My Liverpool Airbnb last night was a little room in The Albany – an old meeting place in the cotton trade (and likely the slave trade too – you’re not going one way with an empty ship). It was on Old Hall Street – originally called Whiteacre Street in King John’s 1207 charter for the city. One of only five roads that made the original town. Right in the ancient heart of Liverpool.
My host Nicholas was very concerned for my comfort. I’m a pretty relaxed guest, so I’d have been happy with a lot worse, but he took good care of me. I only hosted once, almost a year ago, and understand his concern. The room was booked by a pair of French interior designers and they were bastards. At the end of their stay Brian said “that’s the first time I’ve not felt that this place is my home.” I haven’t listed it again because if I don’t get five stars in my next booking then I’ll get delisted entirely.
When I eventually woke up he had coffee and eggs ready. We sat and had breakfast. He’s had a rough ride, our Nick. He carries a great big generous heart and he’s happy to show it to you. But people and circumstances have been kicking it about. The dominos have been falling, as they can. Three of his friends, all by their own hand, gone. He’s moving to Spain to be a paraglide instructor. “It was either stop living in Liverpool, or stop living. In Liverpool.” he tells me with characteristic open hearted candour and hurting eyes. I find myself giving him advice that people have given me: “You’re allowed to take care of your own needs too, you know.” His focus is firmly set on other people. And his mind is going twenty to the dozen as his language struggles to keep up. At one point he tells me “I’m a bit of an entrepreneur” which elicits a loud bark of laughter from his flatmate upstairs. He flushes as I raise my eyebrows. “Well yes, of course right now I haven’t got any money, but I can be. I will be.”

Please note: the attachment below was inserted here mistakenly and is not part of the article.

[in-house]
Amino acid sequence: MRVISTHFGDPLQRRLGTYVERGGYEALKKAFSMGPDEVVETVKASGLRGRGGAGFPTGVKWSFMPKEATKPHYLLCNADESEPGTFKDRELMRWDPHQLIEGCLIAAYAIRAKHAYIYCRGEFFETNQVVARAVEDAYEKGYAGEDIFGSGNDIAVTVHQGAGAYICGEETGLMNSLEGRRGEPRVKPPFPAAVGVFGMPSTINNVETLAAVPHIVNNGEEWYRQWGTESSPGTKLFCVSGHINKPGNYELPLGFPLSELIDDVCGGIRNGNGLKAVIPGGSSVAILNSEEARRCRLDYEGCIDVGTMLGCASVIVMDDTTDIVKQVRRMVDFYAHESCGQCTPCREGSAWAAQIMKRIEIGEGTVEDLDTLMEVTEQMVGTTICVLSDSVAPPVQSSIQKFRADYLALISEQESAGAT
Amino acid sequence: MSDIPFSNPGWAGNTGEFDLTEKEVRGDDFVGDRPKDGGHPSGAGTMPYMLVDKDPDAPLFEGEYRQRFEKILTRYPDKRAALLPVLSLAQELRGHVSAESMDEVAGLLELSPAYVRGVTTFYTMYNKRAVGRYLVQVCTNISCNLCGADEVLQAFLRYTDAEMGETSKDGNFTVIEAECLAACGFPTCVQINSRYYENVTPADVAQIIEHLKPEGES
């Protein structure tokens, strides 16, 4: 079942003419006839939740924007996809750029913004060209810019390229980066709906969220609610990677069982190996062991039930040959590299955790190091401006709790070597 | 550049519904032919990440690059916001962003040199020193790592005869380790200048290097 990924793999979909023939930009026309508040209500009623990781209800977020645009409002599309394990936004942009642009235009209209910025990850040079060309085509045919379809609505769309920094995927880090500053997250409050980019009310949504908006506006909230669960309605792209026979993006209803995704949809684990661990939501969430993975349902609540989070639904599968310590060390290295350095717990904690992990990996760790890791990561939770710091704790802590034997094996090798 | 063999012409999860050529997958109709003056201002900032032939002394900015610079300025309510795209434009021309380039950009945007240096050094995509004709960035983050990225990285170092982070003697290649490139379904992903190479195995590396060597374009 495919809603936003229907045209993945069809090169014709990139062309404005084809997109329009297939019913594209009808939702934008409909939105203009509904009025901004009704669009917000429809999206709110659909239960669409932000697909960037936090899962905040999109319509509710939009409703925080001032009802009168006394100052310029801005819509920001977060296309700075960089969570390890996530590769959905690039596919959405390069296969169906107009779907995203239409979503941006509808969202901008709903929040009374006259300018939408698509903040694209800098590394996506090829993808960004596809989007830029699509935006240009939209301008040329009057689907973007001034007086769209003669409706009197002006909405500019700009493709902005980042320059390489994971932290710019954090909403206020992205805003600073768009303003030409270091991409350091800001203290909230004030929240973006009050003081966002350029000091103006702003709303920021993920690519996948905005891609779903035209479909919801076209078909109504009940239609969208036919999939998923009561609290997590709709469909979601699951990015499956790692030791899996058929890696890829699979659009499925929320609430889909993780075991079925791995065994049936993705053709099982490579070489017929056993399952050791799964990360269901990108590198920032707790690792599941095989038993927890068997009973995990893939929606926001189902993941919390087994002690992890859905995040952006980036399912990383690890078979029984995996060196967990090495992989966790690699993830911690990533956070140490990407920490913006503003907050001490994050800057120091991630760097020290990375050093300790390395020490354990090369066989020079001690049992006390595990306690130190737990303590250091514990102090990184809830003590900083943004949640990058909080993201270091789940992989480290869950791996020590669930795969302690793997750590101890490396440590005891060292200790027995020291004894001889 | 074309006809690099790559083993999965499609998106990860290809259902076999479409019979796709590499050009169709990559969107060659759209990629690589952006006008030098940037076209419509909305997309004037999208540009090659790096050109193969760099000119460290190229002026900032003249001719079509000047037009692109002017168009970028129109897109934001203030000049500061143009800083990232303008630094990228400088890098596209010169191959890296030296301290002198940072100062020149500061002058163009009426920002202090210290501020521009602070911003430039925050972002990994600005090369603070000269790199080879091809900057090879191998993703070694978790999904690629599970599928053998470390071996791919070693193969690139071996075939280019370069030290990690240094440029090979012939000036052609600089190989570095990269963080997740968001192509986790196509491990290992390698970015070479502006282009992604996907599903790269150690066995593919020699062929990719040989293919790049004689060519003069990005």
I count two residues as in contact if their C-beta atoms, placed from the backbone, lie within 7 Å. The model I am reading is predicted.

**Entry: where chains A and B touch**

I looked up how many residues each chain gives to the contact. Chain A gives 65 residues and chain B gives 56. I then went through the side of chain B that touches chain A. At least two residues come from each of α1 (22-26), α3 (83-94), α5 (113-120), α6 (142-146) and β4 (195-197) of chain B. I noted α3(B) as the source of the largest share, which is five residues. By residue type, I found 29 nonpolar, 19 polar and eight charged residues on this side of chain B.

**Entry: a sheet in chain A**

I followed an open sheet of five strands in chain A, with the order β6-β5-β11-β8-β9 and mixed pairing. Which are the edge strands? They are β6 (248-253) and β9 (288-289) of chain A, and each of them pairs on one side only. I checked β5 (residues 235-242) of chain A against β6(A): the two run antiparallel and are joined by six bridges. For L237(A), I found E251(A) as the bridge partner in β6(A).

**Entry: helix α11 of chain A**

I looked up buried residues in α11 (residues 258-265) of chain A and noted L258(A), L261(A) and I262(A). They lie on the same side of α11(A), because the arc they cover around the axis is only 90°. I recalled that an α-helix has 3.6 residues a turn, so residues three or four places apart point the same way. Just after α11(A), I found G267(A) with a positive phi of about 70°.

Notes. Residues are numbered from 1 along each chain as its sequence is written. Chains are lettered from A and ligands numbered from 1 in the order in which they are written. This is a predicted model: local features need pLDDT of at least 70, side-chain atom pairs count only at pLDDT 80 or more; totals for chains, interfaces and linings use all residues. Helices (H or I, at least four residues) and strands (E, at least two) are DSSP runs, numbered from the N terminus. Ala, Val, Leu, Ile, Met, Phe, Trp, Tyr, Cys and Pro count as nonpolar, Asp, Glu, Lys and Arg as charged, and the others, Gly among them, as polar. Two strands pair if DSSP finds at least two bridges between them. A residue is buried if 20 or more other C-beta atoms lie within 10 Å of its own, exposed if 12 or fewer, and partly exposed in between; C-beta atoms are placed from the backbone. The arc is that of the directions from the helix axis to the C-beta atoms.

I like him. I hope he finds the change he seeks when he goes to Spain. When I ask him about paragliding his body changes and grows immediately less physically frenetic – more solid. I suddenly notice what good shape he’s in. He clearly loves it. He’s good at it. He’s at home in it. I think he’s right to seek this shift.
Spain might be just a chapter for him. Life is wide and strange and full. Big hearts can keep rolling a long way before they find a resting place. Or so I keep telling myself.
I take my leave of a Nick, who even runs after me with a handful of fruit. I spend a few hours walking the stone streets. Huge buildings. Warehouses. Majestic temples of commerce. This place was a hub of the Atlantic slave and cotton trade. No wonder the energy is strange – no wonder it’s affecting sensitive Nick. Last night my dreams were dark and muddy. All these monoliths built out of tears and greed. It’ll take more than the constant rain to wash it clean.
I end up at Albert Dock, right by the megabus stand, messing about on a 1938 Swedish Brigantine called Zebu. She’s a restoration project. No sails. She sank two years ago and so needs some serious work. For a quid I got to be attacked by 5 year old swabbers with plastic cutlasses, and took this photo at the helm.
Here’s me at the wheel of an impractical but strangely beautiful vessel, out of its natural time and that was almost damaged beyond repair, but now well on the road to recovery. Arrrrr.